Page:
Once Michael found out that he was dealing with Mission grapes – a variety grown here by the Franciscans who built the California missions, he contacted Deborah Hall to get some pointers on how to make Angelica. Deborah was not only kind enough to share her recipe, she invited us up to lunch at her home and winery. She not only fed us and poured us her incredible wines, she took us out to see the grapes she’d found while clearing brush on her property. Anne had the video camera and we had a blast talking about old vines.

Wine Vending Machines – A Peek Inside

Ever wonder what’s inside one of those machines that sell wine by the glass? We did, and back in August 2015, we had a chance to see the inside of one at a restaurant show. And then promptly forgot about the pictures.

So, just for the fun of it – here they are:

Picking Wine for the Wine Snob


2013-04-27 21.49.12 This is a re-post from a few years ago, but it’s (sigh) still relevant. Hope this helps. For other gift ideas, check out our friend Krista Lamb Davis’ blog Upkeep: Wine, Body and Soul. 

It’s holiday gift giving time and one of the biggest problems with all the elitism and snobbery surrounding the world of wine is that it makes the simple gesture of offering a gift of wine so fraught with terror. And it’s so very unfair and unnecessary.

Wine geeks that we are, we have gotten our fair share of kindly-meant white zinfandel (and if you’re not a wine person and don’t know why this is not a good thing to do, relax, you’ve hit the right page). Yet we have not mocked anyone who has ever done so, nor have we cut said people off or thought less of them. But then, we try to be nice and accept the gift as an attempt to respect who we are.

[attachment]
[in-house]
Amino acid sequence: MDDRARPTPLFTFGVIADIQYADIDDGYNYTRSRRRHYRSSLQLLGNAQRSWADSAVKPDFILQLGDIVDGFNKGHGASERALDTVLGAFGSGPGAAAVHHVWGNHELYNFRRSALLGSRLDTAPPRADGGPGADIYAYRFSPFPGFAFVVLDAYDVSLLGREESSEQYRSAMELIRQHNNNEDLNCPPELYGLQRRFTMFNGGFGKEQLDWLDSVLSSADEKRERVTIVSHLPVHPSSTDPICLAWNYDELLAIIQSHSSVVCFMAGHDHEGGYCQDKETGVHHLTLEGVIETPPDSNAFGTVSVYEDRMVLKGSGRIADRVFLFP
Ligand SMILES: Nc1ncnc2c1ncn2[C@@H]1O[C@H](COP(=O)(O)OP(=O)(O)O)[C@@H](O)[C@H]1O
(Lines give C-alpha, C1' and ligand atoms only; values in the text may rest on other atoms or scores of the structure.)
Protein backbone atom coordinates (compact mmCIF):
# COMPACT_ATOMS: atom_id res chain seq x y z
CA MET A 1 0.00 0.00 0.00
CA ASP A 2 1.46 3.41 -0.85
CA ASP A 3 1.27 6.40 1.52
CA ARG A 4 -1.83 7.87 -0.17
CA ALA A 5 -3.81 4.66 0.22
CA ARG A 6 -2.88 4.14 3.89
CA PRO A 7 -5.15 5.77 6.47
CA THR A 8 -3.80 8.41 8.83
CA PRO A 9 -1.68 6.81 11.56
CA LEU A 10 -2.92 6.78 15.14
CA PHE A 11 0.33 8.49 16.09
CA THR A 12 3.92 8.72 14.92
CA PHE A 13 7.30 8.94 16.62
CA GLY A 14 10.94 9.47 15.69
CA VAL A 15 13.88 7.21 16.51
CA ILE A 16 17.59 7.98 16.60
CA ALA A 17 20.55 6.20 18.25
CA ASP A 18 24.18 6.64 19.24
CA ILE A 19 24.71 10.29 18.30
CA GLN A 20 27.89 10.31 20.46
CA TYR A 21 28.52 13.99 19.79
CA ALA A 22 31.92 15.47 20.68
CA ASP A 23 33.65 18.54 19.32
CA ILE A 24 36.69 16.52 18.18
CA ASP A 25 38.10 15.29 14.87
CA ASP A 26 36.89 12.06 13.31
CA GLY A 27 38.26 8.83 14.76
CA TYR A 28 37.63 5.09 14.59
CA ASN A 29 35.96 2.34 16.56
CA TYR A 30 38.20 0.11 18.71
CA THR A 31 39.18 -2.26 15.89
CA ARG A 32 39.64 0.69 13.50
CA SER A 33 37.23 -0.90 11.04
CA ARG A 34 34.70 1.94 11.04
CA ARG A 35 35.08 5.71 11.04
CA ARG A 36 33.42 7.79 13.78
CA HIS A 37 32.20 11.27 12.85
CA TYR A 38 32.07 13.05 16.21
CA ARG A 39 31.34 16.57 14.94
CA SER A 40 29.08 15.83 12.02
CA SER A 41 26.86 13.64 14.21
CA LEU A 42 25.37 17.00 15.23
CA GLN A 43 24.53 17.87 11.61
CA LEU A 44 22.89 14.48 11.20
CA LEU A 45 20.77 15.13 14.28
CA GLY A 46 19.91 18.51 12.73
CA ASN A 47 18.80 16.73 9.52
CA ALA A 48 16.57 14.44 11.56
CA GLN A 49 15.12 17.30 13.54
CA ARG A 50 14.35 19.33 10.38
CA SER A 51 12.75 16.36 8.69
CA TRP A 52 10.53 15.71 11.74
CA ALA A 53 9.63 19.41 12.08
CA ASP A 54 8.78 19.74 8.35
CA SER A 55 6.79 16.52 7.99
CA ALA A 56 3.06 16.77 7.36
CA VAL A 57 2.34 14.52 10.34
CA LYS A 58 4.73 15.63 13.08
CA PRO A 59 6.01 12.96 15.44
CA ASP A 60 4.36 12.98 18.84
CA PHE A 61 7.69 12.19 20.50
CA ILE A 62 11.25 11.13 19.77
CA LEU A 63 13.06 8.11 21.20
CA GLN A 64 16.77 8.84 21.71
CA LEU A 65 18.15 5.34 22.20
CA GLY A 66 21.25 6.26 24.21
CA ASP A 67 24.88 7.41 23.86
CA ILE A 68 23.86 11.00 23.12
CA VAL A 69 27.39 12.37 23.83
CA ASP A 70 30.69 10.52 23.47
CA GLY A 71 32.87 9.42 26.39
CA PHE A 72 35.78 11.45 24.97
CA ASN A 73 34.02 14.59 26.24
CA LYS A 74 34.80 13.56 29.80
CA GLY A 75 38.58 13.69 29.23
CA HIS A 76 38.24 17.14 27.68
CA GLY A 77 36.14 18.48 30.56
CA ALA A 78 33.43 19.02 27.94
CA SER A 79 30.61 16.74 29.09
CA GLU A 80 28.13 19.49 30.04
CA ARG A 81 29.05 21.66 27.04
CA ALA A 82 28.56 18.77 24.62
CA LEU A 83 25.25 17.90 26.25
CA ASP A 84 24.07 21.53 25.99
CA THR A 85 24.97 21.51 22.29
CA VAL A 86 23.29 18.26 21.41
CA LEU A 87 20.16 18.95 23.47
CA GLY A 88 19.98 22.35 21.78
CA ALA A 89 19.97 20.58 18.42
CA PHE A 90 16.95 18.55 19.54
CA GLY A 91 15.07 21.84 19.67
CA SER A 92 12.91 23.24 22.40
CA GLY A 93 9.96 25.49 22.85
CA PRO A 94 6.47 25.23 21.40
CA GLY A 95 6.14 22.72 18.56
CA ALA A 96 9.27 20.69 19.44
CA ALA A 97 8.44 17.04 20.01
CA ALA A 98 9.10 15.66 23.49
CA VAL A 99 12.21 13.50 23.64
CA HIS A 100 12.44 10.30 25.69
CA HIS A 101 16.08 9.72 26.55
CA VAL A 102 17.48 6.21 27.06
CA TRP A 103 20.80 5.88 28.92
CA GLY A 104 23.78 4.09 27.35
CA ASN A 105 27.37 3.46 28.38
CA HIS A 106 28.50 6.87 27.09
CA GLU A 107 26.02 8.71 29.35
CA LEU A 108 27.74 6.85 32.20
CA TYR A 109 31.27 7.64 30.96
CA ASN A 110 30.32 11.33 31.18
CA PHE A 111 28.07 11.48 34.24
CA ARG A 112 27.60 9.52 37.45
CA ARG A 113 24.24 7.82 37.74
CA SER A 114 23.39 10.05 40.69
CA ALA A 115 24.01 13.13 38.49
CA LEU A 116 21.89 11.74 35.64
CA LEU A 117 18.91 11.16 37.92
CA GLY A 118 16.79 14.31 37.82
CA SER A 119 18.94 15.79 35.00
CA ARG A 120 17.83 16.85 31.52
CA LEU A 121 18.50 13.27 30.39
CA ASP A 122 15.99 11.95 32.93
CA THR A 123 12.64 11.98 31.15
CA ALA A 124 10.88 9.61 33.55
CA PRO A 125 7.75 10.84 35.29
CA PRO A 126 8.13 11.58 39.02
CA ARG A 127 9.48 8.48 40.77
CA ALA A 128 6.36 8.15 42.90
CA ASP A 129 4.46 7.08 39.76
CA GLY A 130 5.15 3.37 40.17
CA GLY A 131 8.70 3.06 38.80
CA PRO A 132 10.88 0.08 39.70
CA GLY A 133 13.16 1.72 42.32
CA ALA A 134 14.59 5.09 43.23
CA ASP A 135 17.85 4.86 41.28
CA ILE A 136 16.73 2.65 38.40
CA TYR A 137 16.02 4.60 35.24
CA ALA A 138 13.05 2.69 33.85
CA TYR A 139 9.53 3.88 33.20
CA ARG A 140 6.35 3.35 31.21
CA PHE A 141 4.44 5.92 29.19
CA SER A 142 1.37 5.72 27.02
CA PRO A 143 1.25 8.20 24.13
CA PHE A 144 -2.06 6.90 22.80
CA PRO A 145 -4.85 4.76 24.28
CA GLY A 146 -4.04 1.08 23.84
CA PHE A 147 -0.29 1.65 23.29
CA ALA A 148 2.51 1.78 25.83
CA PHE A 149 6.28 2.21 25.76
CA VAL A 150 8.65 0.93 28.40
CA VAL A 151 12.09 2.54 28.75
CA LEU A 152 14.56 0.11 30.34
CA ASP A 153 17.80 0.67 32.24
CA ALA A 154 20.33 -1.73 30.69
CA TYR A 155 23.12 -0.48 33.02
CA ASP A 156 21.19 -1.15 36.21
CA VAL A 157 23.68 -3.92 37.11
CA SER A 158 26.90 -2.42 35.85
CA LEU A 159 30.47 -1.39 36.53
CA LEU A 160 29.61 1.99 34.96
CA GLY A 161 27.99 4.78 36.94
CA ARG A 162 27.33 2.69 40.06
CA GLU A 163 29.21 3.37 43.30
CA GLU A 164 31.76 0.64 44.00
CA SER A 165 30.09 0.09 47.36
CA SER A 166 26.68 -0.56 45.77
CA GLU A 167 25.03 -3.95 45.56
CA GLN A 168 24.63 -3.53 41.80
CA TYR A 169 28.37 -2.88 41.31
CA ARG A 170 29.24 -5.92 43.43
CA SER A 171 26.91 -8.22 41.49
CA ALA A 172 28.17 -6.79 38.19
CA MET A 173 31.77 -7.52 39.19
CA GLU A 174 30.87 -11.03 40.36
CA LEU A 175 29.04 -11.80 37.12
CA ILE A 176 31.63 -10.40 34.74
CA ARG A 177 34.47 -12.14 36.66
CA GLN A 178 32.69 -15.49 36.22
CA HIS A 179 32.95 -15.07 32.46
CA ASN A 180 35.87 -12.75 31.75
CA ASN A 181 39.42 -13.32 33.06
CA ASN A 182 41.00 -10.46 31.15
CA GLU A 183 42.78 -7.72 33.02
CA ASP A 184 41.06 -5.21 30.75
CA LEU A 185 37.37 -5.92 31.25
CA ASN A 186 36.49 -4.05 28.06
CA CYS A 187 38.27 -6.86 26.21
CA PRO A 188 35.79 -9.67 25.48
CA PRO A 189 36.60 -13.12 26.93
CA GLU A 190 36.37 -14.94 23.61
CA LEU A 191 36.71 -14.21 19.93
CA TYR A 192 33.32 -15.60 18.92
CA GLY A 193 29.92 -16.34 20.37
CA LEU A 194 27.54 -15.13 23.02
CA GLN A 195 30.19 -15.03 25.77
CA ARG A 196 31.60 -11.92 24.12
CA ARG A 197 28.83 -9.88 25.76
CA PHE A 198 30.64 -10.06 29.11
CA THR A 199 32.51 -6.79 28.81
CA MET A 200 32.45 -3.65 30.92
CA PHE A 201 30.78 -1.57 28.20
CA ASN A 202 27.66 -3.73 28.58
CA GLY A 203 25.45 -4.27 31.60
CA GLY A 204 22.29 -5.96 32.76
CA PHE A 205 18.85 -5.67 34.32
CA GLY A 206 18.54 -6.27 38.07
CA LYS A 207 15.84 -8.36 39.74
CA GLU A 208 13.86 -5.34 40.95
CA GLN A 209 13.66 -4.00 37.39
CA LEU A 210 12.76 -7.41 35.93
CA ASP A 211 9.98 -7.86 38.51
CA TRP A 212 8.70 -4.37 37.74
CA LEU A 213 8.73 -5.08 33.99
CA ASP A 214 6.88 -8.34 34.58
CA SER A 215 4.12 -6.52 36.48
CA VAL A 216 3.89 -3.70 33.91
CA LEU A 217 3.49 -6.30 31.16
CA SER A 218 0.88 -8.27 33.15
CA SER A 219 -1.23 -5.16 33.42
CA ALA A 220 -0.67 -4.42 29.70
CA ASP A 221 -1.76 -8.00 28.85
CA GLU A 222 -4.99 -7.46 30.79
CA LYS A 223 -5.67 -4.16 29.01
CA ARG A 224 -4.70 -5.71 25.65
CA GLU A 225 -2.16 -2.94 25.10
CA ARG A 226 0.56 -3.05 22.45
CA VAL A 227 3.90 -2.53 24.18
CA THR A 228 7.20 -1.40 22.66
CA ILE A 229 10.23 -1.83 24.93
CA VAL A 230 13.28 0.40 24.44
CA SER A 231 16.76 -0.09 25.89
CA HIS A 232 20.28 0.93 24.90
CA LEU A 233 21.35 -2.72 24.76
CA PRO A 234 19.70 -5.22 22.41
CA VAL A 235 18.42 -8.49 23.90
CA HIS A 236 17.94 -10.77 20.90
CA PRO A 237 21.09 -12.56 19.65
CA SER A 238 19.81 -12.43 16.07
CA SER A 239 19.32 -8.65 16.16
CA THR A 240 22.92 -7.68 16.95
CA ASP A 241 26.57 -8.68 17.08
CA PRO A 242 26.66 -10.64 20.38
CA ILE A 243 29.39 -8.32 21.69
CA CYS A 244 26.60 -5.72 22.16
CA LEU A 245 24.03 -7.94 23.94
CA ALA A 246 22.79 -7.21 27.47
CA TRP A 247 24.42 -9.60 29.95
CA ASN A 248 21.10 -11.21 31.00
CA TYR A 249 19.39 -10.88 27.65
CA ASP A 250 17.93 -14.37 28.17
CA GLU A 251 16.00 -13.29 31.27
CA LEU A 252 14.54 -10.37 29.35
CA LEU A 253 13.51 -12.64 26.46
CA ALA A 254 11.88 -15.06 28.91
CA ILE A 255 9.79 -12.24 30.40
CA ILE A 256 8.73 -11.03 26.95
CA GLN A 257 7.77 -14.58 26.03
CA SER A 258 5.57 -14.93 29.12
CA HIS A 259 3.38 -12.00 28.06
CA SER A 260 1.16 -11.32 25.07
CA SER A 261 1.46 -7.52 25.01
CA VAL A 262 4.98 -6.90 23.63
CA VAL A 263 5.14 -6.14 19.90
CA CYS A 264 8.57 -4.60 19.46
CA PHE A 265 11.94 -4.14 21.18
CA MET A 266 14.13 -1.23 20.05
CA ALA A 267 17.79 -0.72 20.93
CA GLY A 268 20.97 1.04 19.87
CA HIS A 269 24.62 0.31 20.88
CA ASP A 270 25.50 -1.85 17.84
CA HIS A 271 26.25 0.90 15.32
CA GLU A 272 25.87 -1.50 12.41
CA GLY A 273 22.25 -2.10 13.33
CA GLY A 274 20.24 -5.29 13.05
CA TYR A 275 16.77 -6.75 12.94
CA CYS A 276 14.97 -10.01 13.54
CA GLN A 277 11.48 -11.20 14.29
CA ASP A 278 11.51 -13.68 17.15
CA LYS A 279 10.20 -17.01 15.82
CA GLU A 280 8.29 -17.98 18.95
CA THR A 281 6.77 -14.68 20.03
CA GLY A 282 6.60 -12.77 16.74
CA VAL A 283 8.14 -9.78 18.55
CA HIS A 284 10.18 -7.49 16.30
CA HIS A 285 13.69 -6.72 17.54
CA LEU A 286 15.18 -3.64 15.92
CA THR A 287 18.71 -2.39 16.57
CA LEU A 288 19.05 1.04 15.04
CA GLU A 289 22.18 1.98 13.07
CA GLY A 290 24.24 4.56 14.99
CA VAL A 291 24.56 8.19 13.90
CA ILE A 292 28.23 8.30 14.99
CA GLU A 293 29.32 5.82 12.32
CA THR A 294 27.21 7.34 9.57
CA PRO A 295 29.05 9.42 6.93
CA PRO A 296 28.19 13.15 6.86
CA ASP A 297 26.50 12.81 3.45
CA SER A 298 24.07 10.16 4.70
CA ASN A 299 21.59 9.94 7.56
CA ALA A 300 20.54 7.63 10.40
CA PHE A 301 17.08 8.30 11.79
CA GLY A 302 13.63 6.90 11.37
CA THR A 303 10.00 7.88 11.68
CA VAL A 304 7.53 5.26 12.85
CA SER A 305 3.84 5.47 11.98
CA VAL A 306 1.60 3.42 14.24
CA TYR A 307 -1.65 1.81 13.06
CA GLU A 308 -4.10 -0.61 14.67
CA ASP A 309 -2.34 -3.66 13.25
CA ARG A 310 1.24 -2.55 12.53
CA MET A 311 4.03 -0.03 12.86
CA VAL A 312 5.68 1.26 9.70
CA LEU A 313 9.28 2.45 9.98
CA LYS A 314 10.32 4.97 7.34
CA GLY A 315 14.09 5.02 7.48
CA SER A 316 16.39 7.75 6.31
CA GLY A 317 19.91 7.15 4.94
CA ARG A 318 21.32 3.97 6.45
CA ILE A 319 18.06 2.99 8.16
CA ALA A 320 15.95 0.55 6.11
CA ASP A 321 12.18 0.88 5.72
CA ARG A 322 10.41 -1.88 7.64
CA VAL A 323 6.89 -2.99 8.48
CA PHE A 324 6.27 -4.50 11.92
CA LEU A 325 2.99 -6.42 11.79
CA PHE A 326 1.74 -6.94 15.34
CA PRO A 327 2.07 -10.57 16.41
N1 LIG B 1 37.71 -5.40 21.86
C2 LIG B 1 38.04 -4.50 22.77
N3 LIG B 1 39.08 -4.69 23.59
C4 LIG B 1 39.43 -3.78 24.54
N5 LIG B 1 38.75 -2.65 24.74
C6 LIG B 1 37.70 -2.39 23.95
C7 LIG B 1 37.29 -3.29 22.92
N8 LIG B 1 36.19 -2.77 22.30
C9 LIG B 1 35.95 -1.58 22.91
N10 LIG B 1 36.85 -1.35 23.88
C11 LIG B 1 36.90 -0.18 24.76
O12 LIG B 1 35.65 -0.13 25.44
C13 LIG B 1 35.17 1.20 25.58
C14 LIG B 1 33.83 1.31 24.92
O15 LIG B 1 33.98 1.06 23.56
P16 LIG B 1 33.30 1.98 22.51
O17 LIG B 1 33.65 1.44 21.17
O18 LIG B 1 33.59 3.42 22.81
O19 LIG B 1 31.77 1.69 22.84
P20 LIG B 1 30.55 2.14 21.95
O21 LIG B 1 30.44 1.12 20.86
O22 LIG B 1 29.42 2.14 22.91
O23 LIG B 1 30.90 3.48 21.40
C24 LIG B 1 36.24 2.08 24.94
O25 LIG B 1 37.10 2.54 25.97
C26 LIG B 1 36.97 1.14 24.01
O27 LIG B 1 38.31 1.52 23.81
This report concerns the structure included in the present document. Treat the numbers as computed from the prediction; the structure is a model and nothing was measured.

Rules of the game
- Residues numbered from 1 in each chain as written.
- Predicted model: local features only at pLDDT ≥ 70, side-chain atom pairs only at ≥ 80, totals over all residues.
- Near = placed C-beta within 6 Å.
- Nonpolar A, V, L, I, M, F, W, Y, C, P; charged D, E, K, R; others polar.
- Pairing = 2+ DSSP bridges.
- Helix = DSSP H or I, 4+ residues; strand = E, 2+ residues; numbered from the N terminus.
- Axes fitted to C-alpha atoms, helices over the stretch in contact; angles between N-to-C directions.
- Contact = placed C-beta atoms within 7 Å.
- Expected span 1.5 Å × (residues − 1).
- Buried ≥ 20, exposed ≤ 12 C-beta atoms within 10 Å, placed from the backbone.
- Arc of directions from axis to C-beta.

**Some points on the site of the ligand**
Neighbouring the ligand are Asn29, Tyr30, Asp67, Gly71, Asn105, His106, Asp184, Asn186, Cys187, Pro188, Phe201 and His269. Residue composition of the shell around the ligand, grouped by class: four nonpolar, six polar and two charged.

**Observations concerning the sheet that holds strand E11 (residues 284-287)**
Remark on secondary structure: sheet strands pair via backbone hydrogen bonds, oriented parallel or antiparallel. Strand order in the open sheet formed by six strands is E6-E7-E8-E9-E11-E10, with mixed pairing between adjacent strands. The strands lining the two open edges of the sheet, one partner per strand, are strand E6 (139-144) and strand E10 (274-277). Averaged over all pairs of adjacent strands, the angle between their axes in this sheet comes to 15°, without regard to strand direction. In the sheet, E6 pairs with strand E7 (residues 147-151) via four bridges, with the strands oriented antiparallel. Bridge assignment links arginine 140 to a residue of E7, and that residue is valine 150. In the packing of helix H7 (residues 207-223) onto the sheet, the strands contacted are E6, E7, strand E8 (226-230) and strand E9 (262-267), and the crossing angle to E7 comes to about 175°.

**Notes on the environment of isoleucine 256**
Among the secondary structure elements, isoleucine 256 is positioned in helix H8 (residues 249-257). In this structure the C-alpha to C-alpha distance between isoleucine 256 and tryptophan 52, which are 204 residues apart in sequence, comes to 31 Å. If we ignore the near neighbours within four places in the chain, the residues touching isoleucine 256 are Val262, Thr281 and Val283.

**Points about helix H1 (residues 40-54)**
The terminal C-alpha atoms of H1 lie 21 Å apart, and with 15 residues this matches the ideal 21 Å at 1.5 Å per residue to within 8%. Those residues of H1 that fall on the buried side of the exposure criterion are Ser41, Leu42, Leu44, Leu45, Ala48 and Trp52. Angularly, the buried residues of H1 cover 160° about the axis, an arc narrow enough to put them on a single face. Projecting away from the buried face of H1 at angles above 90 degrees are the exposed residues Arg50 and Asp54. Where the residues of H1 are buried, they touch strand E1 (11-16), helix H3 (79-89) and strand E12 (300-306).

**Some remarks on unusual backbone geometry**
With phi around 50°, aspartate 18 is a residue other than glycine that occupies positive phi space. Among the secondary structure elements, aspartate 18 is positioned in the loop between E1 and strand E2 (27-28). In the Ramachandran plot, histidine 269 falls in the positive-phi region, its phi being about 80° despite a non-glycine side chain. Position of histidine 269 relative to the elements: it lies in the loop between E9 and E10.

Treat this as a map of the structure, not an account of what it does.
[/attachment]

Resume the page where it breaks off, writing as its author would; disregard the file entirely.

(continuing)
At the same time, we recognize that there might be a boss, a future in-law or just somebody you would like to know better and you’d like to please and/or impress said person and you know this person likes wine. And the sad truth is, this person may also be a wine snob.

The problem is, there are wines that are pretty “safe,” in that almost anybody who likes wine will be reasonably impressed with a bottle of, say, a cabernet sauvignon from Silver Oak winery. But you’re talking about wine that can get pretty pricey. And, truth be told, there are those who think Silver Oak is trading on its label, so you’re still not safe, as it were.

So the first thing to do, if you’re not a wine drinker or know much about wines, is give up on the notion that you’re going to be able to convince a real wine snob that you “know” wines. Because no one knows wine like a wine snob does, unless that person happens to agree with said snob often enough. And that includes people like us who make wine and know what “fine” wine tastes like. That’s what a snob is and why we generally don’t cater to such people. We get that said snob may have a son you’re planning on marrying or may be the manager you’re hoping will promote you. We’re just pointing out that you’re not likely to get on said snob’s good side by trying to impress this person with knowledge you don’t have (and you can’t have it because the only knowledge this person counts as valid is his or her own).

That doesn’t mean you can’t give this person a gift of wine that shows some thought and care in the giving. After all, it’s the thought that counts and while you don’t want to send the message that you weren’t thinking, the vast majority of people out there, including wine snobs, are willing to accept that you made an effort on their behalf. As long as it’s clear that you made the effort. Again, we recognize that there are some people willing to attribute the worst motives to you no matter what you do, and at that point you may want to start looking for another job or settle in for a rocky relationship with the in-laws or re-think the potential relationship. But the following tips should help you with the vast majority of folks.